In Collective Liberty, I chronicle how the ACLU’s position on the 1st Amendment has shifted with respect to campaign finance reform–but on the whole, they are still quite protective of free speech, even in controversial areas such as “hate speech” and “revenge porn.” And kudos to them to standing up to pressure from social justice warrirors. But one area where the ACLU has long abdicated civil rights is with respect to the right to keep and bear arms. I never quite understood why the ACLU was so keen on rejecting that the Second Amendment, explicitly enumerated in the Bill of Rights, guarantees an individual right to keep and bear arms. For the last three decades–long before Heller–the organization had taken the position that the Amendment protects “only the right of ‘maintaining an effective state militia . . . [T]he individual’s right to bear arms applies only to the preservation or efficiency of a well- regulated [state] militia. Except for lawful police and military purposes, the possession of weapons by individuals is not constitutionally protected.’”).”
This irony wasn’t lost even on liberal constitutional scholars. In his seminal 1989 article, The Embarrassing Second Amendment, Professor Sandy Levinson wrote that the Second Amendment “may be profoundly embarrassing to many who both support such regulation and view themselves as committed to zealous adherence to the Bill of Rights (such as most members of the ACLU).” In 1995, Alan Dershowitz observed, “Foolish liberals who are trying to read the Second Amendment out of the Constitution by claiming it’s not an individual right or that it’s too much of a public safety hazard don’t see the danger in the big picture. They’re courting disaster by encouraging others to use the same means to eliminate portions of the Constitution they don’t like.” Perhaps this explains it. There is no way that guns can achieve progressive goals, so it is easy to discard them as “dangerous” rights that need not be protected.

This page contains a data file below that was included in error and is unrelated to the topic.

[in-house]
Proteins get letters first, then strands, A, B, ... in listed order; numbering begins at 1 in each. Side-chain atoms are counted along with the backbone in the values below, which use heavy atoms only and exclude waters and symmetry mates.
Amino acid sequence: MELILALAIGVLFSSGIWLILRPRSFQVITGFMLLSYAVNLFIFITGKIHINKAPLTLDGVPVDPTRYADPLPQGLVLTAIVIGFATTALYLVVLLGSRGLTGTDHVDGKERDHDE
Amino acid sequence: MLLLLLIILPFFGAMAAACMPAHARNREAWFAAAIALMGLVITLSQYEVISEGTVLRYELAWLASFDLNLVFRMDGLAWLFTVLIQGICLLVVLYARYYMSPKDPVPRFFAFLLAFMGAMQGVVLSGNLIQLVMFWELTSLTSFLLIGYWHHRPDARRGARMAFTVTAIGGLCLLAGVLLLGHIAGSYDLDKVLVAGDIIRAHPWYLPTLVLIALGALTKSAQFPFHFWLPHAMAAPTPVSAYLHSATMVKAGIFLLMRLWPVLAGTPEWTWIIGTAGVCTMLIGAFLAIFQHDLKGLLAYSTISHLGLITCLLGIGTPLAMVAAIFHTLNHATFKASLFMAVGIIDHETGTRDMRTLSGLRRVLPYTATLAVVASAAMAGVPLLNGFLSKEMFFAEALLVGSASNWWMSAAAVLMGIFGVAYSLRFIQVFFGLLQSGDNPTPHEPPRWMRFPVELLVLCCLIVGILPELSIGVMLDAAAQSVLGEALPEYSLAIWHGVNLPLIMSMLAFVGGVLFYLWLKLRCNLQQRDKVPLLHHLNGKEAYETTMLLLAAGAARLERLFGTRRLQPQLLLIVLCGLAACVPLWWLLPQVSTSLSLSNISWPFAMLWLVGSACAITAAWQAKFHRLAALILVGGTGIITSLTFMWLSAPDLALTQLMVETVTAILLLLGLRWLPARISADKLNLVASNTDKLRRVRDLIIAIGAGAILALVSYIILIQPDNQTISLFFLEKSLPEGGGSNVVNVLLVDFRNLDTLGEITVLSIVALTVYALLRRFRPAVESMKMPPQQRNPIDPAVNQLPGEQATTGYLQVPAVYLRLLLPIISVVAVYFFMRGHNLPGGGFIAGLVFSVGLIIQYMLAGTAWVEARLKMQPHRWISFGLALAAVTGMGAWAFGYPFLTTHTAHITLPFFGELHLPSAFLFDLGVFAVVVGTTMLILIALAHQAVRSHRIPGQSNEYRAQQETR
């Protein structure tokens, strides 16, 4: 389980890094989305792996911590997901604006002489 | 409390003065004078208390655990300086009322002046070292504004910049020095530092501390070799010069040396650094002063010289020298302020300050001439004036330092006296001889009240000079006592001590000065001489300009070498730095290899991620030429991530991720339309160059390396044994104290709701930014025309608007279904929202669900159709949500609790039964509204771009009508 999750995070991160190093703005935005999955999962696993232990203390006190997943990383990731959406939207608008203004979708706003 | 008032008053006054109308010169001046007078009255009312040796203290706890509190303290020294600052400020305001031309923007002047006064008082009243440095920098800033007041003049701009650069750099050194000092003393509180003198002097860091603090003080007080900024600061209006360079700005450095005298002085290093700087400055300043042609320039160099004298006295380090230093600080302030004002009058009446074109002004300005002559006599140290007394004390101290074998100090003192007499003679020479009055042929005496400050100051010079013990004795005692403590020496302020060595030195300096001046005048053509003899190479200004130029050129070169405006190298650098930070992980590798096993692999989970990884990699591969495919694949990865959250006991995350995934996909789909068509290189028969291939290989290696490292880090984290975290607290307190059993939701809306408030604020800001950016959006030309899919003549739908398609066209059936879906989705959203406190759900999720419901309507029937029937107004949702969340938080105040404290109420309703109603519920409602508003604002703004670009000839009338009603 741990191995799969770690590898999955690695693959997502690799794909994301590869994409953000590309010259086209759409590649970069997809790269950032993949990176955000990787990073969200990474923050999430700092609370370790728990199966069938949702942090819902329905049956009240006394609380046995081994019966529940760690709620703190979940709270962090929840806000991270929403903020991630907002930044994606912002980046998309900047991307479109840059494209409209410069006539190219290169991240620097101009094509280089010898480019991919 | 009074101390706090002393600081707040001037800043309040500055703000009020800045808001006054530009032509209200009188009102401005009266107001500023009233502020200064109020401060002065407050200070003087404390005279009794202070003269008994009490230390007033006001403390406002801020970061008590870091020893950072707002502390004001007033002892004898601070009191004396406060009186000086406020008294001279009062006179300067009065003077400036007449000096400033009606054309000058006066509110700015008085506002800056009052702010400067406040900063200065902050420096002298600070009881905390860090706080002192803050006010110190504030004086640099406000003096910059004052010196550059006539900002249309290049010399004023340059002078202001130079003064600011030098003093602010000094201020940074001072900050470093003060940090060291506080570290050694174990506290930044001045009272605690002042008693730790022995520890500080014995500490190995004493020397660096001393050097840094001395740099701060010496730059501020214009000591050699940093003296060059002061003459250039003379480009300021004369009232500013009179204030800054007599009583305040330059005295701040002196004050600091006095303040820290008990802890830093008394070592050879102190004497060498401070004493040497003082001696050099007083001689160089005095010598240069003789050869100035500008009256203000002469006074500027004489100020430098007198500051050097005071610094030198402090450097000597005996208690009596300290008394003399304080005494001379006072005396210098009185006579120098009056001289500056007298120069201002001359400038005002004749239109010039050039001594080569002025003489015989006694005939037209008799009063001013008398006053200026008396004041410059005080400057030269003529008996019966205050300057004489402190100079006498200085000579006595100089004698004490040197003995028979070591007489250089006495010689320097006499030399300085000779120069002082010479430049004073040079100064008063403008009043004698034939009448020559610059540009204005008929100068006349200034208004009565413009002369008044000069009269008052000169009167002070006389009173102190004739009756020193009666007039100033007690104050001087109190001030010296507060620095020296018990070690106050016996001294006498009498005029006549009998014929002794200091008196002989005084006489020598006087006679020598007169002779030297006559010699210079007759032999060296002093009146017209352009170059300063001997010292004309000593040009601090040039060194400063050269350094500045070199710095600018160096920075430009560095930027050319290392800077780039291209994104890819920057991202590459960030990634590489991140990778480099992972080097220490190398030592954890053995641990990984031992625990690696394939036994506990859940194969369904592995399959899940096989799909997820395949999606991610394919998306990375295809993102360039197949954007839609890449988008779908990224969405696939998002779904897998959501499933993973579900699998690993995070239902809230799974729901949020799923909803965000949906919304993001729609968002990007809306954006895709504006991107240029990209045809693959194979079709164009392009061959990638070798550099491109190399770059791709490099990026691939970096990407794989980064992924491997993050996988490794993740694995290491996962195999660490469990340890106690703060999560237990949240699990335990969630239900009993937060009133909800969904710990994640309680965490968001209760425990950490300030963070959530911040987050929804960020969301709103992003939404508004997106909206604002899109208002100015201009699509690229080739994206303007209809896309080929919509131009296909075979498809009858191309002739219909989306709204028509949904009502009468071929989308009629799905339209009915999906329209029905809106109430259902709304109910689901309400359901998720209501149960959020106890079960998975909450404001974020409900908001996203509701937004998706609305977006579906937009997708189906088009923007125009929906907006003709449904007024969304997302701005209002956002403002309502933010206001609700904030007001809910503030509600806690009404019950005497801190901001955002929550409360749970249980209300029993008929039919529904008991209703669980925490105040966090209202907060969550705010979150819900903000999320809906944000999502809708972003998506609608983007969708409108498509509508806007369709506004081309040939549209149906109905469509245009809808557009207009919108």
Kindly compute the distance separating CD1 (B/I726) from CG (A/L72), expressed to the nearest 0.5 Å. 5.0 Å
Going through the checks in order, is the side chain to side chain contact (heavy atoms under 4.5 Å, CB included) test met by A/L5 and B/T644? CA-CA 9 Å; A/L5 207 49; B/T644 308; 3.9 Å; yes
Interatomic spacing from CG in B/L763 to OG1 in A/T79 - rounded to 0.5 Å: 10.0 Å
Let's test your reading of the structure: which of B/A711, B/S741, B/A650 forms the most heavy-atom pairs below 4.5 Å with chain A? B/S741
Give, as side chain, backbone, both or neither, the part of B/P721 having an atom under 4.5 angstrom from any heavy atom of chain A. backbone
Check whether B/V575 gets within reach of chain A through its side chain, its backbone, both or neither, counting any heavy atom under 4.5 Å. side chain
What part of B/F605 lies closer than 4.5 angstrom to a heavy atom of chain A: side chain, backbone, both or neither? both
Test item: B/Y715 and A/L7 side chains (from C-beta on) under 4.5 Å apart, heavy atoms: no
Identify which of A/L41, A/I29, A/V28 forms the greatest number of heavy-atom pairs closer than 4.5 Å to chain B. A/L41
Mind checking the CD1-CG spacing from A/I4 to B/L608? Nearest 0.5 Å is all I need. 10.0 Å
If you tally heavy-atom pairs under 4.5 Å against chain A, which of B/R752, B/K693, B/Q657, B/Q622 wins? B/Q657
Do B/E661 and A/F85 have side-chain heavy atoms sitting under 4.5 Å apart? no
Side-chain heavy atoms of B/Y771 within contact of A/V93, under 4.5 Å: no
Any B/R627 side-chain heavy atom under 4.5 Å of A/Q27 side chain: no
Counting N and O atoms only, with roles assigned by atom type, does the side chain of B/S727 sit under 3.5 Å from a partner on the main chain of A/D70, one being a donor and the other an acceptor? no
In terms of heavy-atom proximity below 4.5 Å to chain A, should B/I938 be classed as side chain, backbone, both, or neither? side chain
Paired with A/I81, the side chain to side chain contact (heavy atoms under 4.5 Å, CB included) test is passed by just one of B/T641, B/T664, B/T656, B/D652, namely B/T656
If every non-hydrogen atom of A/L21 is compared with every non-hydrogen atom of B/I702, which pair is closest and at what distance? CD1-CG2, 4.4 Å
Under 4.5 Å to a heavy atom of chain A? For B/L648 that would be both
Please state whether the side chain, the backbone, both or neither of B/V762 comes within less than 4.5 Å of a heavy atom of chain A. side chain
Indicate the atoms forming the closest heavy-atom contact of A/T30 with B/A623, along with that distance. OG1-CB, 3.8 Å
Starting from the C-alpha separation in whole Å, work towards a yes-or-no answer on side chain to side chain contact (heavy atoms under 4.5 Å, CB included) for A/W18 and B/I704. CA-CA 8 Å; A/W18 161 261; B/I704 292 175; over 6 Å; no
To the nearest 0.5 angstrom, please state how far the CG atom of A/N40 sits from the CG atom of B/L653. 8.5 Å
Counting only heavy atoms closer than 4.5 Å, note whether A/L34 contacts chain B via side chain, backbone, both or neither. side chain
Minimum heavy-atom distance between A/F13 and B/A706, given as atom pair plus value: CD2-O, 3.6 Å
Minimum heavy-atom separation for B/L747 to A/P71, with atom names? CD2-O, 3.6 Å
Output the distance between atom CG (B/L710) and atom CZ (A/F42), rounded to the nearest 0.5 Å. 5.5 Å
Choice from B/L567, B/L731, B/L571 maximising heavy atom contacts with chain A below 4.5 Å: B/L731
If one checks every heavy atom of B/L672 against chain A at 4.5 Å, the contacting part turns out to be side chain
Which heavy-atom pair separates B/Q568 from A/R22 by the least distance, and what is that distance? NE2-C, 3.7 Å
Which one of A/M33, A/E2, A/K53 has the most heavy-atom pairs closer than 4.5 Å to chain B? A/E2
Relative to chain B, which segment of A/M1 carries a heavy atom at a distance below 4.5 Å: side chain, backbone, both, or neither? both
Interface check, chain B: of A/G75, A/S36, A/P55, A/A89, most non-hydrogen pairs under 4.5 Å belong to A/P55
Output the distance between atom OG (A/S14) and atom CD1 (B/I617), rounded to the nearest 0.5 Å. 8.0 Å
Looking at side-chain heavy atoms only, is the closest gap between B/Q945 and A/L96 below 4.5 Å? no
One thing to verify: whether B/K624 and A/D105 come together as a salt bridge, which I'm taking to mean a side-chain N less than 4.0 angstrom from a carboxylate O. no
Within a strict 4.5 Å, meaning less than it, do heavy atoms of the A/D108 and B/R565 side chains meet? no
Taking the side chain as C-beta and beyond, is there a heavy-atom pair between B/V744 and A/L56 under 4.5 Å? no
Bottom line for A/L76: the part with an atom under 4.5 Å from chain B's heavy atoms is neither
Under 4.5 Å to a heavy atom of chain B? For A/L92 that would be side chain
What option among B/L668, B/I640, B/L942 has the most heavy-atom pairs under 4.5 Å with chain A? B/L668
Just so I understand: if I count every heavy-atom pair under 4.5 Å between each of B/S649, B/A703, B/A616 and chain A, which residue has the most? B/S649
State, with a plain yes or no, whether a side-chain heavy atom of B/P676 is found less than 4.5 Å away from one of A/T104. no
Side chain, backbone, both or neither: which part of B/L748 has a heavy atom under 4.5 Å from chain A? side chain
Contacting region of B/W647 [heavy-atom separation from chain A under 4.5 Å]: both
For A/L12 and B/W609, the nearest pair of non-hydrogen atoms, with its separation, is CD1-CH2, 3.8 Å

The ACLU’s 1980 meeting stated this calculus explicitly. “Nor does the ACLU believe that there is a significant civil liberties value, apart from the Second Amendment, in an individual right to own or use firearms. Interests of privacy and self expression may be involved in any individual’s choice of activities or possessions, but these interests are attenuated when the activity, or the object sought to be possessed, is inherently dangerous to others. With respect to firearms, the ACLU believes that this quality of dangerousness justifies legal regulation which substantially restricts the individual’s interest in freedom of choice.” With that calculus, the ACLU gave up on 10% of the Bill of Rights.
The ACLU’s aversion to guns has most recently manifested itself with respect to the proposal to block gun sales to people on the no-fly lists. For years, the ACLU has been challenging in courts the no-fly list as a violation and deprivation of civil rights and due process. And good for them!
In 2010, Laura Murphy, Director of the ACLU Washington Legislative Office Senate Committee on Homeland Security and Government Affairs at a hearing titled “Terrorists and Guns: The Nature of the Threat and Proposed Reforms.” Her testimony offers a stinging critique of the no-fly lists, and urges Congress not to prevent people on the list from purchasing a gun.